A free model ship plan!

My wife and I went shopping in Dartford this afternoon, and whilst we were there I happened to walk into the local branch of WHSmith … and saw the latest issue of MODEL BOATS magazine was on sale.

What particularly caught my attention was the free plan that was included. This is a 1:144th-scale plan of a World War II-era Royal Navy monitor, HMS Vulcan. (There was no real monitor called Vulcan but as the model is not intended to be an exact replica of a real ship, this name is certainly in keeping with the sort on name the Royal Navy would have used.)

The Royal Navy used monitors during the First World War as a means of bombarding enemy coastal defences. They were generally heavily armed for their size – often with second-hand armament from old pre-deadnought battleships and obsolete armoured cruisers – and were built quite quickly. They were not expected to have a long service life, but not all of them were scrapped after the War ended.

Two of the largest monitors, HMS Erebus

… and HMS Terror

… were retained in service and several others were used as training ships or converted into minelayers. One of the latter – HMS M33 (which was renamed HMS Minerva whilst she was a minelayer) – is still extant, and has recently been restored to her original condition at Portsmouth.

During the Second World War HMS Erebus and HMS Terror were very active. HMS Terror performed sterling service in the Mediterranean until she was sunk as a result of being bombed by German Junkers Ju88 bombers on 22nd February 1941 soon after leaving Benghazi, and HMS Erebus provided naval gunfire support for the invasion of Sicily, the Normandy landings, and the amphibious assault on Walcheren. They were so successful that two new monitors were built, HMS Roberts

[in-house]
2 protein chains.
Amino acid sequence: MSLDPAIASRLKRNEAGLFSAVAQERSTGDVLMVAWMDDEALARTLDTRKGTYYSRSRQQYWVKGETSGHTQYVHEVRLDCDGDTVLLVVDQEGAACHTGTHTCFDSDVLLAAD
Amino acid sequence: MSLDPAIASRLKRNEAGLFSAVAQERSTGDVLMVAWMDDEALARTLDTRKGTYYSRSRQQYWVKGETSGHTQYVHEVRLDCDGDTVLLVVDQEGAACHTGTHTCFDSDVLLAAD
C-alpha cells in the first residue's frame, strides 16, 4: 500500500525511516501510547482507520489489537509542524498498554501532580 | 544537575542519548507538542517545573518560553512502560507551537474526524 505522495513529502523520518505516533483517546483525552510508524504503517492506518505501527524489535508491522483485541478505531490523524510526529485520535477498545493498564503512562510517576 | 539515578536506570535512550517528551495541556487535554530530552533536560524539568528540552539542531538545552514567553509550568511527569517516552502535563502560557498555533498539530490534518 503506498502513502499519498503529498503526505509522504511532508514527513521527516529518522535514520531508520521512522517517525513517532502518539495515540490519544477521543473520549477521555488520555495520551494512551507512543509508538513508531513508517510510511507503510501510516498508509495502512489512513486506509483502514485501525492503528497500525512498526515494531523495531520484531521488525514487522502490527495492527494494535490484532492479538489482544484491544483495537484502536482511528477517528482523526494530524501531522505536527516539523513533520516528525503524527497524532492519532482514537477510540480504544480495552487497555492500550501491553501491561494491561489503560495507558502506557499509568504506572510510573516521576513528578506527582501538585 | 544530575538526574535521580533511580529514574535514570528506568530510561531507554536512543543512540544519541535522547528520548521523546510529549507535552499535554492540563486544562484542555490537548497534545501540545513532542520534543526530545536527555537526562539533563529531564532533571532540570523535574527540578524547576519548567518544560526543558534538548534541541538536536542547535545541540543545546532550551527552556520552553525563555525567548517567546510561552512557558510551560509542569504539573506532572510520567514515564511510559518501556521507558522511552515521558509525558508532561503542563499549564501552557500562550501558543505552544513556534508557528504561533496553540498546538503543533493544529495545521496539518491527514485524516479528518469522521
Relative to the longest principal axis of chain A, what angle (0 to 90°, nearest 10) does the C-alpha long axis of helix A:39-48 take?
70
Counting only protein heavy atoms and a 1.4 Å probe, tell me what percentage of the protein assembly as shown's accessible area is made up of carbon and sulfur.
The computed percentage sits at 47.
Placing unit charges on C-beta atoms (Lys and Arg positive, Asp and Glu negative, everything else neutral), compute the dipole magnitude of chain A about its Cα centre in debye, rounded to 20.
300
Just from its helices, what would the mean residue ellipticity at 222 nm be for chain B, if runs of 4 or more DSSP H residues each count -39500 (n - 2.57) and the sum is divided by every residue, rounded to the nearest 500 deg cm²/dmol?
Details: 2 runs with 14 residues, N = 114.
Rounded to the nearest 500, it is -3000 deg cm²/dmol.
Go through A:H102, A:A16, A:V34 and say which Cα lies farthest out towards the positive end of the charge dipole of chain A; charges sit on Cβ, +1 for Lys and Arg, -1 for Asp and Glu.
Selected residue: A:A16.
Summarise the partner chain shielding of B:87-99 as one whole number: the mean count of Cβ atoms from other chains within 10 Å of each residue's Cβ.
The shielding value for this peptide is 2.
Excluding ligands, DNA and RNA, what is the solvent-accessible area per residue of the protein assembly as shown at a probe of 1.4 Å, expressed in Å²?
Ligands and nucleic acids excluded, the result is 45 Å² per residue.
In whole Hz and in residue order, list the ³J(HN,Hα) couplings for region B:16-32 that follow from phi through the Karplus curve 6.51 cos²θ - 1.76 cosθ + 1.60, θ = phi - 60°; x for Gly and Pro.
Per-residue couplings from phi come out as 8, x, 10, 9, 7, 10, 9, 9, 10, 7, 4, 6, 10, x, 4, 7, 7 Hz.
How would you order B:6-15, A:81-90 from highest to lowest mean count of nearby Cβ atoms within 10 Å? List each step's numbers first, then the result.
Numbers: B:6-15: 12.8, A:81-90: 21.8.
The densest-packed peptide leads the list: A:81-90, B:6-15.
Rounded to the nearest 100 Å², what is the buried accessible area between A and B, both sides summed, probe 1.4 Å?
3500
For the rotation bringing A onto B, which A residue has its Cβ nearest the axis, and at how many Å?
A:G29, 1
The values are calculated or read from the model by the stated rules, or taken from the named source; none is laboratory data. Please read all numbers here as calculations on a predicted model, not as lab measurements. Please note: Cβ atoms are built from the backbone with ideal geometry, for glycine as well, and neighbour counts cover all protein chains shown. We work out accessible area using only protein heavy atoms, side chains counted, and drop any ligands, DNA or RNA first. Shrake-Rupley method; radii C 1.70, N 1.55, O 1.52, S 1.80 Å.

… and HMS Abercrombie.

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8 Comments on “A free model ship plan!”

  1. David Crook says:

    Hi Bob,

    Not forgetting the famous Severn and Mersey used against the Konigsberg in WW1. They were ordered and built for Brazil as I recall and were very luxuriously fitted out.

    I have been thinking about Monitors for use along the Danubia river between Fezia and Rusland….;-)

    All the best,

    DC

  2. David Crook,

    I think that I have some plans of the Humber-class monitors somewhere. I also have some plans of several of the Austrian Danube monitors, and they (or something like them) would be an ideal addition to your Rusland/Fezian project.

    All the best,

    Bob

  3. I recall one very peculiar Monitor class vessel, don't recall the name, that had a forward turret mounting I think twin 6-inch guns, but the monitory bit – the biggy – was (from memory) a 14 or 15-inch chappy, single gun, fixed turret, firing over the starboard beam.

    One of Douglas Reeman's novels was about such a vessel.

    That free plan would be quite a gift, methinks, adding something a little extra to ones battlefields.

    Cheers,
    Ion

  4. Archduke Piccolo,

    I think that the ship (or ships) you are thinking about are the Lord Clive and General Wolfe of the Lord Clive-class. They were armed with a twin 12-inch gun turret forward and an 18-inch gun mounted to fire abeam. The 18-inch guns came from HMS Furious, and were capable of firing 36,000 yards.

    I have read Douglas Reeman's HMS Saracen, and I think that it is one of his best books.

    I can imagine that a model monitor would add quite a bit of 'punch' to the attackers in an amphibious assault game. Perhaps I might build one one day!

    All the best,

    Bob

  5. Arthur says:

    Hi Bob

    Now, elsewhere on that front page is some inspiration for a submersible, given your recent submarine game articles.

    What, you ask? Why, HMS Nessie, of course.

    Ahem, need more coffee here…

    Regards

  6. Arthur,

    Funnily enough the Royal Navy did not include an HMS Loch Ness amongst the Loch-class frigates that were built during the 1940s.

    I wonder why?

    All the best,

    Bob

  7. Chris Kemp says:

    I've always wondered why the main guns were mounted so high on these ships, what with stability and suchlike.

    Regards, Chris

  8. Chris Kemp,

    The answer to your question is quite a simple one. The machinery needed to handle the shells and charges for the 15-inch guns required an armoured trunk of a given length above the shell and powder charge magazines. As the monitors were shallow draught more of the armoured trunk was exposed than would have been seen if the gun mounting had been on a battleship. The monitors were also broad beamed, and this helped to ensure their stability … and made them slow and difficult to handle.

    The animation here shows it better than I can explain.

    All the best,

    Bob


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